BAIER: Mara?

MARA LIASSON, NATIONAL PUBLIC RADIO: Well, I agree with George that this would be a big blow to organized labor, which has been dwindling in its representation for years and now faces a new assault in the public sector. The problem for unions is they bargain for these people, they bargain for everybody, and they get everybody the same wages, but so who is going to pay for that service? Now, maybe that service doesn't cost the same amount as the dues. Maybe the dues subsidizes other things. But those people, even the ones that don't like the union, are represented by them, and their benefits and their wages are increased sometimes by the work of those unions. So who has to pay for that?

BAIER: The mandatory element of this, Charles, is the thing that's so potentially threatening.

CHARLES KRAUTHAMMER, SYNDICATED COLUMNIST: Right. I mean, it's the old definition of a liberal. He doesn't care what you do as long as it's mandatory. Look, I think this would be a blow to organized labor from which they would not recover. Unless you force people into these unions, and they generally don't go. As we saw in Wisconsin, as we saw in Indiana, once you release government workers from the obligation to actually pay into a union -- in Indiana, for example, the government stopped collecting dues on behalf of the unions. Membership collapsed by 80, 90 percent. So they know that it's the power of the state that keeps them going. And in the absence of it, there's -- they really are looking at ruin.  Which is probably why I would guess the Supreme Court is not going to overturn this. It is really quite loathe to overturn long-standing arrangements, and this is a long-standing arrangement. It would require overturning a fairly venerable Supreme Court precedent. So I suspect there are ways in which it could rule in a less radical way. For example, it could say that these workers don't have to be deemed state workers, which would be slightly different from saying you are a state worker. You now have to pay into a union. So I suspect they're going to look for a way to be less sweeping in their ruling.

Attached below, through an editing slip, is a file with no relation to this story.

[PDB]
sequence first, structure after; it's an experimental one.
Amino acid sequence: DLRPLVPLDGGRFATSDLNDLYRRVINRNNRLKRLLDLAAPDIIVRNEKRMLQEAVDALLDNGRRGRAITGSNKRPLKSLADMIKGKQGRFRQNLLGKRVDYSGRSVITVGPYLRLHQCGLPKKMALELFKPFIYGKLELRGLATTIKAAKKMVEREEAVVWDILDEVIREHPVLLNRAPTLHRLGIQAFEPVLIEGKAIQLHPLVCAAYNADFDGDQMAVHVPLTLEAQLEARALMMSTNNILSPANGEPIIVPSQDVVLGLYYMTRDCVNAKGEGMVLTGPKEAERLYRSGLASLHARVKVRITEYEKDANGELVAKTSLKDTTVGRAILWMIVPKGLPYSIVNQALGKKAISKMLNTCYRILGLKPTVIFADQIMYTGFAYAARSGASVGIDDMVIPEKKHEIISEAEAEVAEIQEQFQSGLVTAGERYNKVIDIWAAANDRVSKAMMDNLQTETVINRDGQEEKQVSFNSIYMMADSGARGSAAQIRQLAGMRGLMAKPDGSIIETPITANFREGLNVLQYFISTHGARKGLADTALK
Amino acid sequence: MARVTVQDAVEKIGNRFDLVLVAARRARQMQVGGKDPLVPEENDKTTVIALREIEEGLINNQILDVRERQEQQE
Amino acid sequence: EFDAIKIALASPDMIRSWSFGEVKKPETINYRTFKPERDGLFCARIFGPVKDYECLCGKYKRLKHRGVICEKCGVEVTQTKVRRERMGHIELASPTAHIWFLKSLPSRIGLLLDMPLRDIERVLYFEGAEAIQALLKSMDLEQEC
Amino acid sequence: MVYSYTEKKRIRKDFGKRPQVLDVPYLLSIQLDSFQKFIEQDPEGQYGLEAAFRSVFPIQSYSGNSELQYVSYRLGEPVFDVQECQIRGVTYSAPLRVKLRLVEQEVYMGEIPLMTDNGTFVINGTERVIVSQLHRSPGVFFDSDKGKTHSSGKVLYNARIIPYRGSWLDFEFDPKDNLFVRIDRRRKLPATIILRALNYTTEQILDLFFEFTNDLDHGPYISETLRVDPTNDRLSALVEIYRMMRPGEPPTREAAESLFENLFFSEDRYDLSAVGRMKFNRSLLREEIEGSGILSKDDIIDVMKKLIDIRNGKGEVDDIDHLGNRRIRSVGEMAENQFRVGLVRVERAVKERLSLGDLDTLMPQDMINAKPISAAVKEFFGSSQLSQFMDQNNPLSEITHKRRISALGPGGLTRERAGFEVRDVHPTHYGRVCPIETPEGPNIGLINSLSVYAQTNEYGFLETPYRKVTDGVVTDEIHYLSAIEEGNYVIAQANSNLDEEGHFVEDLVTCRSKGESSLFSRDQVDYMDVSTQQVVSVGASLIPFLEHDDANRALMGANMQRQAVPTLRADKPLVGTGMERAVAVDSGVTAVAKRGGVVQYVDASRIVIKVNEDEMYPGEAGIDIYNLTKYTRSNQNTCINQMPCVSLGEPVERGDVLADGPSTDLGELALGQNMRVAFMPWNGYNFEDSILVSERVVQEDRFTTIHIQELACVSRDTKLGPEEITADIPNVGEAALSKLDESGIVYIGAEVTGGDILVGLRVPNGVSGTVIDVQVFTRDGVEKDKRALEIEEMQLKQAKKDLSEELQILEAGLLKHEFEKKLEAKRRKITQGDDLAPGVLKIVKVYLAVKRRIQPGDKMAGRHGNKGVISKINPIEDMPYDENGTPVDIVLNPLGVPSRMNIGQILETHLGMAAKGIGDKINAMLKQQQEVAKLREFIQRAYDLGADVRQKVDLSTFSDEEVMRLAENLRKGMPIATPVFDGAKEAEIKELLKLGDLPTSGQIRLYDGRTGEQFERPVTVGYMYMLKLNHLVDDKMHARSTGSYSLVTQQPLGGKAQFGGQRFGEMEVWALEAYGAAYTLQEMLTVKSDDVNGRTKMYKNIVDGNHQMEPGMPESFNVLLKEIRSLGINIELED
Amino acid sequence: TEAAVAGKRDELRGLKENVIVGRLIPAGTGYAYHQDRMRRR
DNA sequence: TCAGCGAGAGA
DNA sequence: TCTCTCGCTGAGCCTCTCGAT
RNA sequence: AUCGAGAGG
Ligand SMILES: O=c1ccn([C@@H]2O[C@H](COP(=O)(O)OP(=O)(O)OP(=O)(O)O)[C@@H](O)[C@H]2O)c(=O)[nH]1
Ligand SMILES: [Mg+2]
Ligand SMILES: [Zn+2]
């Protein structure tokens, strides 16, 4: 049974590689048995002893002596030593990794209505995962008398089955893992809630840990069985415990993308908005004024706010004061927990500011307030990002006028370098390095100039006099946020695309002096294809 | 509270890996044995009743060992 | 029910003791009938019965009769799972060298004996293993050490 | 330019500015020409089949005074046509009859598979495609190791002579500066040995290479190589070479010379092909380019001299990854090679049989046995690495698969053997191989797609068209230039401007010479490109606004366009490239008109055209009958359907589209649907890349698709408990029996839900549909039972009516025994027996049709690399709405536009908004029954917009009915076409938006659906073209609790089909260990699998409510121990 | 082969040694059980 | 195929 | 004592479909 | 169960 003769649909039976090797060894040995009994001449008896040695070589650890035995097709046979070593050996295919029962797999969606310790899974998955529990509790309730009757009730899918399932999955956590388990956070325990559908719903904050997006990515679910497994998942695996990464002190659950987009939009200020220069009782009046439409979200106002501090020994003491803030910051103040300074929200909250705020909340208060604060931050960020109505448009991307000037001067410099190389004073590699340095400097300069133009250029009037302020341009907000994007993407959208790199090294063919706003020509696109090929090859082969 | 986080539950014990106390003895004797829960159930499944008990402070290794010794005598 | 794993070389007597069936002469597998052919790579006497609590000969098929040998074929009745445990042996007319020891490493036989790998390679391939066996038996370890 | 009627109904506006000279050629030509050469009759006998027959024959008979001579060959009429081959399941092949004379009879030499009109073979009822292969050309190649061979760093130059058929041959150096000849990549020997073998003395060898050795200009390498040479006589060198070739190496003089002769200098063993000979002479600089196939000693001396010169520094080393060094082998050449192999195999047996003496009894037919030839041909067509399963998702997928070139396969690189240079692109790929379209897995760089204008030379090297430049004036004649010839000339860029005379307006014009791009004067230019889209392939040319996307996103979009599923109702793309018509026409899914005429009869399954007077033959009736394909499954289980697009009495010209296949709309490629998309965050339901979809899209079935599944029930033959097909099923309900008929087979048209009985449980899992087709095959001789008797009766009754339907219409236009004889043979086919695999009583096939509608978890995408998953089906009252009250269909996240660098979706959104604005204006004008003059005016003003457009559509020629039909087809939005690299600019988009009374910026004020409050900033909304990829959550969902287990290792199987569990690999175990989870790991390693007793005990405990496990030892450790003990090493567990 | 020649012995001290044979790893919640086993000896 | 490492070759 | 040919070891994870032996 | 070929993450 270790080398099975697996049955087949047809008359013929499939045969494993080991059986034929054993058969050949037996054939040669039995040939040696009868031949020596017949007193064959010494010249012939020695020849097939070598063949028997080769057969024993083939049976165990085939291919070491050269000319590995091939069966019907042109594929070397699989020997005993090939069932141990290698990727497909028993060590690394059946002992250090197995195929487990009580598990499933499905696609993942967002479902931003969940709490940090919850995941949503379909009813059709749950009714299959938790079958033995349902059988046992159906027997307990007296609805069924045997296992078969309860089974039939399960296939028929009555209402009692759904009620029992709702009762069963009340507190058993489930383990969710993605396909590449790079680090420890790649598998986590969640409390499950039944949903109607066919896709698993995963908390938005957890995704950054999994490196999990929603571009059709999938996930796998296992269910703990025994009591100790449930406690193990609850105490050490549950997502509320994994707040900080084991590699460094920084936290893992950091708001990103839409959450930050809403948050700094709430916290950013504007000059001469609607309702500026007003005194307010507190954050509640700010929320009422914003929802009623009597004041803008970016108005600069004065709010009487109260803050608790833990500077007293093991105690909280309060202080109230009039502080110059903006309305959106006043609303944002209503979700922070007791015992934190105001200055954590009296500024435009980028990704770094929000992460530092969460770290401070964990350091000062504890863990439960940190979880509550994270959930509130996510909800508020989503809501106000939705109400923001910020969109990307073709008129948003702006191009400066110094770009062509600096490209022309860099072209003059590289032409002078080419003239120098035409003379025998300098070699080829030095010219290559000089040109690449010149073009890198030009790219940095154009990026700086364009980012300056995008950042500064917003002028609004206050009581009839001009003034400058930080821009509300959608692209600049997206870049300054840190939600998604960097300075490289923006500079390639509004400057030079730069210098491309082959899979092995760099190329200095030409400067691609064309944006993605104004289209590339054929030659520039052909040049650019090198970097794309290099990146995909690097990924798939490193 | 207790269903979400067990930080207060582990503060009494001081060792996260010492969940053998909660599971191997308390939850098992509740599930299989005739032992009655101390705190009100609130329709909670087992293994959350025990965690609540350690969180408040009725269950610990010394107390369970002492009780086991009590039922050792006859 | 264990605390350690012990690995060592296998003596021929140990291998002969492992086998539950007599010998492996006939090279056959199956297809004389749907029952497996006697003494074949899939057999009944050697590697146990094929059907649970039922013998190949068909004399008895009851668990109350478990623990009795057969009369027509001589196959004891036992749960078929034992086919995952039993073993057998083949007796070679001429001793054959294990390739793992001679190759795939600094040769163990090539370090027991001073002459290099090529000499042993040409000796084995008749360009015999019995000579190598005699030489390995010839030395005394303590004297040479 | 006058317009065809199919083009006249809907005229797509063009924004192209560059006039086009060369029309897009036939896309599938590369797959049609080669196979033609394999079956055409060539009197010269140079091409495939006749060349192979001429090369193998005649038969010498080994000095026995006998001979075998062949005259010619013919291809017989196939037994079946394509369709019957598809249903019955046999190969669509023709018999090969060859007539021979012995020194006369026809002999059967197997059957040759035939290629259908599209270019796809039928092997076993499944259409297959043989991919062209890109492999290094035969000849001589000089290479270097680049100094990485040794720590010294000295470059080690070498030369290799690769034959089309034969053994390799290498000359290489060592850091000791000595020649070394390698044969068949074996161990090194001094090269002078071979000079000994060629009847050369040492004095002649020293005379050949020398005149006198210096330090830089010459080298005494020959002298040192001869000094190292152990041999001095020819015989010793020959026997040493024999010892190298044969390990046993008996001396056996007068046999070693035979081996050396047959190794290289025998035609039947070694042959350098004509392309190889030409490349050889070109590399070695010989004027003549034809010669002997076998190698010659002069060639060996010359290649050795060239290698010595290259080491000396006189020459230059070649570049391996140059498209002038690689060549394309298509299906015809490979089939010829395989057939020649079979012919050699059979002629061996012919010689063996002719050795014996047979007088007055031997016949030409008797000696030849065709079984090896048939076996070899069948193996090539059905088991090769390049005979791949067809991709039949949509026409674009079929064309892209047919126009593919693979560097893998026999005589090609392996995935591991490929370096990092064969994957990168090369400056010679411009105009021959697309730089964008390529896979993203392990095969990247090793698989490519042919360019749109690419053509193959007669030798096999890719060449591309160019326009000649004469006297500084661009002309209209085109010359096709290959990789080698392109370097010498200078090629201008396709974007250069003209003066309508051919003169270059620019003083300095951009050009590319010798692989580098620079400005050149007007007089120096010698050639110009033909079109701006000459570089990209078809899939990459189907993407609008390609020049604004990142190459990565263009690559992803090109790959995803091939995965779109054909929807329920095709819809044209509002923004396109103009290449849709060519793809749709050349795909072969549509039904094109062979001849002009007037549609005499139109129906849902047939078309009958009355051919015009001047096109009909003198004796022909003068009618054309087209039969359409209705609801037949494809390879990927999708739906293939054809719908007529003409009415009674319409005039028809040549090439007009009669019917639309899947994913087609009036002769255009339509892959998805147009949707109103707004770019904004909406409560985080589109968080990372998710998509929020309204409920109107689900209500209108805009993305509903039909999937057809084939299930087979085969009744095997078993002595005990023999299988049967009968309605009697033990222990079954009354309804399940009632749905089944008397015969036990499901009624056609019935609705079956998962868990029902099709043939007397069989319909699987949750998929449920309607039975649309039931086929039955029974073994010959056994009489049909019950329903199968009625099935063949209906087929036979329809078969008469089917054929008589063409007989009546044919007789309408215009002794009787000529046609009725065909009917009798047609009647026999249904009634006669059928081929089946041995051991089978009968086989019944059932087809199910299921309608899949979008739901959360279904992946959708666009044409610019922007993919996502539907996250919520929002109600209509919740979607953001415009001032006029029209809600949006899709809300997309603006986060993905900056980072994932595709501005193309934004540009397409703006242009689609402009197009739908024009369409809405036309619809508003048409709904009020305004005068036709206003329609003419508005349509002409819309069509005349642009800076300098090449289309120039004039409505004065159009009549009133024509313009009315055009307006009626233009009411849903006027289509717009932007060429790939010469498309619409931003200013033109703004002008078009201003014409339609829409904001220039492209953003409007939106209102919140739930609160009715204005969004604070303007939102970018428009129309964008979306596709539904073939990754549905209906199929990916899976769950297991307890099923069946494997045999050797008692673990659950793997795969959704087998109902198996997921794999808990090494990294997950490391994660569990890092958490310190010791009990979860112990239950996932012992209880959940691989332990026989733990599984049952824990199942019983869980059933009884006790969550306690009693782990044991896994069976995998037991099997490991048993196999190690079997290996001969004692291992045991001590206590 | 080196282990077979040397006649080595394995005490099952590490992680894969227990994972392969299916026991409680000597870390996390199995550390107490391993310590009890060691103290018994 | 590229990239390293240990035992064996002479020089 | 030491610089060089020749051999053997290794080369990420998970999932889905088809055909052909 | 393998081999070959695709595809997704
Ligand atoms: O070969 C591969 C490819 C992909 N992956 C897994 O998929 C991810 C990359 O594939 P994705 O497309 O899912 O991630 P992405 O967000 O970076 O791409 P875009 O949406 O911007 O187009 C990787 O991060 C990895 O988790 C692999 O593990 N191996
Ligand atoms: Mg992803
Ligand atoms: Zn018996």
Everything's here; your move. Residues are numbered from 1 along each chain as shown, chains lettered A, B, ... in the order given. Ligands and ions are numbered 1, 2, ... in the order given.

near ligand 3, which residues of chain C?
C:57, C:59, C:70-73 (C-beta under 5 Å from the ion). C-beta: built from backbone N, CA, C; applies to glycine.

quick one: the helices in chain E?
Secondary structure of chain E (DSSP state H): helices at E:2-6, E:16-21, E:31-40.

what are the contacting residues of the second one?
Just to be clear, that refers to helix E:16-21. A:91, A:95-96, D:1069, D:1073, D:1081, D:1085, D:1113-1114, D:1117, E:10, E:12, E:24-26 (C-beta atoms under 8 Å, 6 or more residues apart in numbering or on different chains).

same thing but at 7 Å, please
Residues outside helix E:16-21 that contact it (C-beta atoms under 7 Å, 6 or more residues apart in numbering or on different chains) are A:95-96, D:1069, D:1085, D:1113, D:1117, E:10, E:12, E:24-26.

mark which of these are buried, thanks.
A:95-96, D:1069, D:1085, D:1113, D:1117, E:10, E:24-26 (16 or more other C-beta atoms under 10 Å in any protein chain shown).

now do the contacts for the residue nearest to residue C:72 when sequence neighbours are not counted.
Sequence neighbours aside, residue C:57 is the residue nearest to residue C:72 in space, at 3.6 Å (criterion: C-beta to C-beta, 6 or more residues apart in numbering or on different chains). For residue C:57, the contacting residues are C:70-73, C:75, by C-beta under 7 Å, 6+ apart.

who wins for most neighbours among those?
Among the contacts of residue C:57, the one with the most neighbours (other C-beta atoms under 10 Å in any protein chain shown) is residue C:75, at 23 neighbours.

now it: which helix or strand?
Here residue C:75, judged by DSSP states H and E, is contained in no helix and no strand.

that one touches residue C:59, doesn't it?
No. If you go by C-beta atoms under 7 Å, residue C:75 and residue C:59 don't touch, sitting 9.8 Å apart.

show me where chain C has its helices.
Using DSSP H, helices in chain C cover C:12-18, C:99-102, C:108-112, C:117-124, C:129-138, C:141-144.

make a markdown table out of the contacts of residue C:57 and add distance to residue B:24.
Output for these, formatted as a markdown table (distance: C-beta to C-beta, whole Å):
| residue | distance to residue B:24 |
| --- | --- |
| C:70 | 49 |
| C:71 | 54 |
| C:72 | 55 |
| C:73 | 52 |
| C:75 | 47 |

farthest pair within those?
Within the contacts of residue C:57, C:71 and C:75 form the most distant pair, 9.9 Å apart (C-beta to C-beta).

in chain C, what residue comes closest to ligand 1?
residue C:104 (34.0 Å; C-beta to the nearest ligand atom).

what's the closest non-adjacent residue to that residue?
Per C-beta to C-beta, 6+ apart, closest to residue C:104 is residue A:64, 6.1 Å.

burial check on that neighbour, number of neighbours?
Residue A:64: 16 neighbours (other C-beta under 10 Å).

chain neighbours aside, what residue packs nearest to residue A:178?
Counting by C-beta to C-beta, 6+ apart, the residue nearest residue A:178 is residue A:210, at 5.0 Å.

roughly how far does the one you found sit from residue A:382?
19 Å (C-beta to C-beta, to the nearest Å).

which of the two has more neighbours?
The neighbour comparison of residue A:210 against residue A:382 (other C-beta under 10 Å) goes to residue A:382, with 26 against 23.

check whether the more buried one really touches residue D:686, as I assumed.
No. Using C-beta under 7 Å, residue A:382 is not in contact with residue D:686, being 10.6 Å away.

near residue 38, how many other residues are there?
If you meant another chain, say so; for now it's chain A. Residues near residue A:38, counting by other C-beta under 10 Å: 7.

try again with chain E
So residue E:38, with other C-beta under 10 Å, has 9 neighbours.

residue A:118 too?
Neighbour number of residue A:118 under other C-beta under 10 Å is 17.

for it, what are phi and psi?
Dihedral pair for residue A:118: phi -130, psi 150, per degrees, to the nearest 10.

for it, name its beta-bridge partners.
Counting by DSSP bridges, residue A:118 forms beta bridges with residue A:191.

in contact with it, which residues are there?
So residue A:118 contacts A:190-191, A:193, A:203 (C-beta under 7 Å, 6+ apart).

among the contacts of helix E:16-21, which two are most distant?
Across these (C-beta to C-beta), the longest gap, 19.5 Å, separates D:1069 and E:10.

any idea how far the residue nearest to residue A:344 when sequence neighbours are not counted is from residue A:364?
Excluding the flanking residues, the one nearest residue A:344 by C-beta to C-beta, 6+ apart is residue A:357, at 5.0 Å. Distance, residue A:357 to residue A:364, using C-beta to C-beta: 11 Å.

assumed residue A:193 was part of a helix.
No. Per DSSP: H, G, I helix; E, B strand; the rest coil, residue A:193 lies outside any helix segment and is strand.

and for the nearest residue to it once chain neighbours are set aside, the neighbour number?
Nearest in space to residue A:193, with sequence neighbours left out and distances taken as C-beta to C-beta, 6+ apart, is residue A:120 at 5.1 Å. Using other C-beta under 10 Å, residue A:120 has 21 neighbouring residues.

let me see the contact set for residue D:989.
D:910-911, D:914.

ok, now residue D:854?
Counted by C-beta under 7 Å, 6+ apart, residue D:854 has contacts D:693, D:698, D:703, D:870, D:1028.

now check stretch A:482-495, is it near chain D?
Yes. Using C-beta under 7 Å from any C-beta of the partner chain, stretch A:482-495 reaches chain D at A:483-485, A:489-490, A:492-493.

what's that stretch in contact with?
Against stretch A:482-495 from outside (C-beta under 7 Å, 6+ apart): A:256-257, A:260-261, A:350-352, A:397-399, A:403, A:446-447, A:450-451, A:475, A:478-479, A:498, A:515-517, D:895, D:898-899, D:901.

BAIER: Aside from this case, unions have been taking blows, as you mentioned, just by their membership across the board. But also you have the Boeing case out in Washington. That doesn't seem to bode well for them, as you look at video of the machinists out there and their decision to essentially stand with the company.